Pentagon to build space weapons, new strategy reveals

Pentagon to build space weapons, new strategy reveals

The Pentagon will develop and deploy new space weapons to battle Chinese and Russian space forces in a future conflict, according to a new strategy report.

The unclassified version of the strategy, made public on Thursday, provides no details on the types of weapons being developed.

The strategy also places a major emphasis on passive measures, such as building replacement satellites that can be used after orbiting systems are blown up or incinerated during a conflict with an adversary such as China or Russia.

Other passive measures are described in the report as “resiliency” and include hardening existing satellites against attack with defensive measures, or through maneuvering capabilities.

The Biden administration also is arms control in space through the establishment of norms of behavior in space. The administration imposed a unilateral moratorium on testing space weapons that cause debris as it pursues space diplomacy.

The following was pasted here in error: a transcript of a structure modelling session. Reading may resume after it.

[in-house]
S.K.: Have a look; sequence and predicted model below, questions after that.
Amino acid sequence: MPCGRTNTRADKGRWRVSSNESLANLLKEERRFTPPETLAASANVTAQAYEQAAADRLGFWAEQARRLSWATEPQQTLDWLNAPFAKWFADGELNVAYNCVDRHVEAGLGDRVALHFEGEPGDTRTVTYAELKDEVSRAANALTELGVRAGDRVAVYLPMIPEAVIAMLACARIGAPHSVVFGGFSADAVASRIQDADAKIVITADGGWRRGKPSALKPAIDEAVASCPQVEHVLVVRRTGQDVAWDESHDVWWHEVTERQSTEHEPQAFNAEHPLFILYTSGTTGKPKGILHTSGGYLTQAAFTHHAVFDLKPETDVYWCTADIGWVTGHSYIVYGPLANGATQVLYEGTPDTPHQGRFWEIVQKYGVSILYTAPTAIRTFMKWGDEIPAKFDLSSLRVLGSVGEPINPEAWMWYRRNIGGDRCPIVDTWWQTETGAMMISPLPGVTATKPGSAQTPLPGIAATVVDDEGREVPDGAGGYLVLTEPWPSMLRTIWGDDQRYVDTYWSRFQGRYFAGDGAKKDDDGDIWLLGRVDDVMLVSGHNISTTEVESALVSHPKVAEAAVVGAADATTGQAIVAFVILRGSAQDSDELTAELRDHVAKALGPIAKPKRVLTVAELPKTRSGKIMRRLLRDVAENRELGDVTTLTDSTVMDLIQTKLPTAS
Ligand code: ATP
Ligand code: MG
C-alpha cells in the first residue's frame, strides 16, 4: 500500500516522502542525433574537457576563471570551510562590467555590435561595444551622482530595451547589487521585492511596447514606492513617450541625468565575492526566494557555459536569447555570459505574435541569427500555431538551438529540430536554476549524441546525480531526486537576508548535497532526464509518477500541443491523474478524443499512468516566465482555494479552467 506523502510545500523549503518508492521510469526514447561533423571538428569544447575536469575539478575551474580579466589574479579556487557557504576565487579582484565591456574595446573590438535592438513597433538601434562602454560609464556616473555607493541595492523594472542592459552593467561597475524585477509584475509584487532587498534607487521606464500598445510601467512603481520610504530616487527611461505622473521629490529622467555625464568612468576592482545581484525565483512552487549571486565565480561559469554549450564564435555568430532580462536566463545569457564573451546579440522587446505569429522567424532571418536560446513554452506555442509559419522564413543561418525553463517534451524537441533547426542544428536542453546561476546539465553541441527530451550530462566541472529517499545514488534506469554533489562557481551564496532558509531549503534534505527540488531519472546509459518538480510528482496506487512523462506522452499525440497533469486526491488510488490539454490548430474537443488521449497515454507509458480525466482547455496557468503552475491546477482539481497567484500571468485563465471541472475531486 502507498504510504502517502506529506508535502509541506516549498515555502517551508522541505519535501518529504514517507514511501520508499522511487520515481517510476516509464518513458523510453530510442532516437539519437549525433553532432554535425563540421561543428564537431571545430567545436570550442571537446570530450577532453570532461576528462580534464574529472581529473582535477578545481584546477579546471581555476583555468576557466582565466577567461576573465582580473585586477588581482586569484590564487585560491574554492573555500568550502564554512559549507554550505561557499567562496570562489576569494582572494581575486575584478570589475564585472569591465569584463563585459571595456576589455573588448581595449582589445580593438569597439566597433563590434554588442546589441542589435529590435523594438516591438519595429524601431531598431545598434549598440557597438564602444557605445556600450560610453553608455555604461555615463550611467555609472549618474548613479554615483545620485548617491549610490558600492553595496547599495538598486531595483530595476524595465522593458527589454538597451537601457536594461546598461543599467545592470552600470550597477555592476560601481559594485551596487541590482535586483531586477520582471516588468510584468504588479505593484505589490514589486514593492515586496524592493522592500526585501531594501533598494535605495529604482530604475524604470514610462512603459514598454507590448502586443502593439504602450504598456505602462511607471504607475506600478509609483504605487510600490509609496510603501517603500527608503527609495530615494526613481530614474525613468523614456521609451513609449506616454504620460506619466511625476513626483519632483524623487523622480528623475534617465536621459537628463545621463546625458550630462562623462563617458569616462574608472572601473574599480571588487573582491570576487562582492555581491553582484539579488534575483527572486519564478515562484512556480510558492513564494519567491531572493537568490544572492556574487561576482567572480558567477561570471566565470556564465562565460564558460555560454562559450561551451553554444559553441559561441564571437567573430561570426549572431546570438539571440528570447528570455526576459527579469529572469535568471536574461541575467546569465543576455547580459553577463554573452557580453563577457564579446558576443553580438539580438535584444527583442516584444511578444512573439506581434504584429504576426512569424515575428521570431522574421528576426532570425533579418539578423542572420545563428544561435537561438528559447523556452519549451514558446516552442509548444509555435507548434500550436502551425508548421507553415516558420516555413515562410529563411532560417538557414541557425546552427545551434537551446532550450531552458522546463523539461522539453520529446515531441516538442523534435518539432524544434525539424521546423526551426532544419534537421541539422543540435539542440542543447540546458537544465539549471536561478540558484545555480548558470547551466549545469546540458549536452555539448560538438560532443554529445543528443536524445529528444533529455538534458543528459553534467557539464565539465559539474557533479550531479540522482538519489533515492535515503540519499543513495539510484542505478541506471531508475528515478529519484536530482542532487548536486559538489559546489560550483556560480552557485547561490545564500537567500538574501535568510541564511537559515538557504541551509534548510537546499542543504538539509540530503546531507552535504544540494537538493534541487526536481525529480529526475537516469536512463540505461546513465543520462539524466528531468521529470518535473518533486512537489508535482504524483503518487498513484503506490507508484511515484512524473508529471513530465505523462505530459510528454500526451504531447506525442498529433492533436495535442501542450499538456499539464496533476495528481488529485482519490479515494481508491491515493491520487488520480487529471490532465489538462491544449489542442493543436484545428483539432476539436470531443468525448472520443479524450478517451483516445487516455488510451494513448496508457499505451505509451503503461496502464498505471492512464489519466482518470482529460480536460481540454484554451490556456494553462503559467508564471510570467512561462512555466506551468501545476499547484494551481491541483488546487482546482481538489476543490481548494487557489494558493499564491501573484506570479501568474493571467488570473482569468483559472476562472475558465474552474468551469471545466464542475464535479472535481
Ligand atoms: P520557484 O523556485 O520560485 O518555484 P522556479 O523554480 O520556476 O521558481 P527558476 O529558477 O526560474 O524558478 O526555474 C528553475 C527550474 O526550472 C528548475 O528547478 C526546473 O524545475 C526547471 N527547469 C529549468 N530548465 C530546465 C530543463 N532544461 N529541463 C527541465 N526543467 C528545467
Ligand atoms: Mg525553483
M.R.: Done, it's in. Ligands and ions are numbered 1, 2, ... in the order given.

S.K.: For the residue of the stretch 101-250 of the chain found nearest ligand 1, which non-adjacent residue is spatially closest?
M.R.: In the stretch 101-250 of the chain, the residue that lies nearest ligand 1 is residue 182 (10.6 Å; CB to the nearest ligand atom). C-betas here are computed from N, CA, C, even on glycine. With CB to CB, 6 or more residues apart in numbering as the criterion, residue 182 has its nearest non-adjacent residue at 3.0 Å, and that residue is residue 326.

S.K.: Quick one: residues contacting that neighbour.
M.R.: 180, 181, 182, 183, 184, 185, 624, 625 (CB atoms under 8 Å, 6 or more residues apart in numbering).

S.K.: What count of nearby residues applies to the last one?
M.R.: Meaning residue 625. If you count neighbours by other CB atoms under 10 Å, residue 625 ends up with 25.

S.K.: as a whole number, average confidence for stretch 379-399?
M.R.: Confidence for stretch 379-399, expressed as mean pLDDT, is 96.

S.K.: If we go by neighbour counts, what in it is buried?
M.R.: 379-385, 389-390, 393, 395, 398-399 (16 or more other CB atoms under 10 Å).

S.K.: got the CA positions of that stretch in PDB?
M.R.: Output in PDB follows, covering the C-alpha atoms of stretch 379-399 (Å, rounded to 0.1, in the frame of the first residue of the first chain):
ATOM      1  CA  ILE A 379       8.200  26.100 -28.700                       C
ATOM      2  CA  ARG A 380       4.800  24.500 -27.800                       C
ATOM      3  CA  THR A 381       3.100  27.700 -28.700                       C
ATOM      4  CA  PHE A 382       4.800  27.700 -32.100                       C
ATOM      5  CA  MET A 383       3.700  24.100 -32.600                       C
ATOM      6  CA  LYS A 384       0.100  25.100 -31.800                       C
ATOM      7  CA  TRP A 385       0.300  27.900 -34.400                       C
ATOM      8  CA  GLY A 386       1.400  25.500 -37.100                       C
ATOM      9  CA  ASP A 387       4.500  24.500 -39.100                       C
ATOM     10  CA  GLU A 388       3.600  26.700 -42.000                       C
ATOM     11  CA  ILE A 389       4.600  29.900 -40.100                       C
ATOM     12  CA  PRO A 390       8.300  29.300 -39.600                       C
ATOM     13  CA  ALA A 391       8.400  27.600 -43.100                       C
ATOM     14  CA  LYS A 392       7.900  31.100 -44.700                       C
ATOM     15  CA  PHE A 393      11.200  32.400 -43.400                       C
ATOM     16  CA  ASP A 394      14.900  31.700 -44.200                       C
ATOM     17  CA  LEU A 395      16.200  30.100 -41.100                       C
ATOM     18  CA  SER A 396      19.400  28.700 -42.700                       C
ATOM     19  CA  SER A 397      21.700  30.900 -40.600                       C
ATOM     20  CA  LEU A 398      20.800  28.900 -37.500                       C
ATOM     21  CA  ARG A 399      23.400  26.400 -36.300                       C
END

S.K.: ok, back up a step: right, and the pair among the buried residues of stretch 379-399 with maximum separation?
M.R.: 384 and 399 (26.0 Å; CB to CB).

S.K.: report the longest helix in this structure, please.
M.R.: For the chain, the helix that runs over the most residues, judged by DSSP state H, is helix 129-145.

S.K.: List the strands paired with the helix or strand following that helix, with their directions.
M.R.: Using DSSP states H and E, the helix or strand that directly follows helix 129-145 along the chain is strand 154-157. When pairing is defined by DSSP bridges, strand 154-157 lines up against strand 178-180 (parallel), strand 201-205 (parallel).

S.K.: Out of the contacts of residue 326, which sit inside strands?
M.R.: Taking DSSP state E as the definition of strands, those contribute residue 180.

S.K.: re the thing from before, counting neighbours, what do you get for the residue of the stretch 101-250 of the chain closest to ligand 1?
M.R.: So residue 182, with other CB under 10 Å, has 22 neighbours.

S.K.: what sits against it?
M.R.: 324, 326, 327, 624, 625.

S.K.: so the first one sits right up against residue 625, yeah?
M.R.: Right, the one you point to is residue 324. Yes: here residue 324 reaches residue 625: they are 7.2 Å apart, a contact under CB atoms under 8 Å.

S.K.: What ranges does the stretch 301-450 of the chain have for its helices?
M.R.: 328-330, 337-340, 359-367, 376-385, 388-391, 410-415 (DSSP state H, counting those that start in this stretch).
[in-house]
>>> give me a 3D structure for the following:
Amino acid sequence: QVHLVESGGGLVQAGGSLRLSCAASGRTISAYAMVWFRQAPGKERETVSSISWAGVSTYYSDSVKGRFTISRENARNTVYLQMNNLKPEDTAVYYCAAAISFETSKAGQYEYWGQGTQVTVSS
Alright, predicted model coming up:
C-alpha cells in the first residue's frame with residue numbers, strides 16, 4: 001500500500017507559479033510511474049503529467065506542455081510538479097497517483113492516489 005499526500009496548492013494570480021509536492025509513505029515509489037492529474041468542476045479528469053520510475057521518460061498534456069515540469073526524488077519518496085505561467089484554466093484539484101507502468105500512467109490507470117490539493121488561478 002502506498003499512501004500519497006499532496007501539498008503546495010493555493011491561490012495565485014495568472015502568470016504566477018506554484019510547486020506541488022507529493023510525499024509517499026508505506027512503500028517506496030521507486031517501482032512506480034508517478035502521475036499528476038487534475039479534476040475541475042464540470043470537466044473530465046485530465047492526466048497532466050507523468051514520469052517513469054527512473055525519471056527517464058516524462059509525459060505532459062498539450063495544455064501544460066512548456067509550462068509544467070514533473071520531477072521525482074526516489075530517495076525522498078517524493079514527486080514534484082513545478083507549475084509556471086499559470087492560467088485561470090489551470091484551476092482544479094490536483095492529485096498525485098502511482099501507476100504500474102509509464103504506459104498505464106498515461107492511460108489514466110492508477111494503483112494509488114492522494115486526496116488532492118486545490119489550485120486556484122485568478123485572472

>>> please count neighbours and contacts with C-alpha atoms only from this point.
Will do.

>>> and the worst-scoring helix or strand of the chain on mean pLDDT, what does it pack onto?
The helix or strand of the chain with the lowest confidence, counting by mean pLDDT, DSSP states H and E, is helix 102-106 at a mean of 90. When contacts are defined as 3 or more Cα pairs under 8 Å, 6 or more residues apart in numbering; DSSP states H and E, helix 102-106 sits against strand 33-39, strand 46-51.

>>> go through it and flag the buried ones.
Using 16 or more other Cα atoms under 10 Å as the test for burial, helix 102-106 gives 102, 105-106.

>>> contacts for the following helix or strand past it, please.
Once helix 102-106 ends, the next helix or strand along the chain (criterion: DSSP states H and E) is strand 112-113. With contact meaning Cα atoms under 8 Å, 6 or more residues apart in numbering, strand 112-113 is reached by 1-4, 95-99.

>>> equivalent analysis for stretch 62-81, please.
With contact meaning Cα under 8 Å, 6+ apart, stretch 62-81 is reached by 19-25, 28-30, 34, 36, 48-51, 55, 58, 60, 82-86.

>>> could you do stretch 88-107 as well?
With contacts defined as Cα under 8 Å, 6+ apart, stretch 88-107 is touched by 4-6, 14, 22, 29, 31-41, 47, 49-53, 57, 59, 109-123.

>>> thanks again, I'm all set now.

China and Russia both in the past have conducted space weapons tests that produced thousands of high-speed orbiting debris pieces; neither has signed on to the U.S. testing moratorium.

The Pentagon budget for fiscal 2024 includes $33.3 billion, the largest budget for space operations ever and an increase of 13% over last year, the report said.

On U.S. space arms, the report said the United States needs “integrated space fires” for deterrence and for combat, acknowledging that resilience measures for space systems are insufficient to deter attacks.

The Pentagon “requires joint military space capabilities to protect and defend the U.S., and as directed, allied, partner, and commercial space assets and to protect the joint force, allies, and partners from adversary hostile uses of space,” the report said.

Greater electronic warfare capabilities, battlespace awareness and cyber defenses also are central to the new strategy.

Tracking the rhetoric of top Pentagon officials, the report says China today poses the most significant danger to American military and civilian space systems.

“In addition to developing counterspace weapons to threaten U.S. use of space, China is developing and rapidly growing its ability to leverage space to enhance its own combat power to fight and win a modern military conflict,” states the report that was required under recent congressional legislation.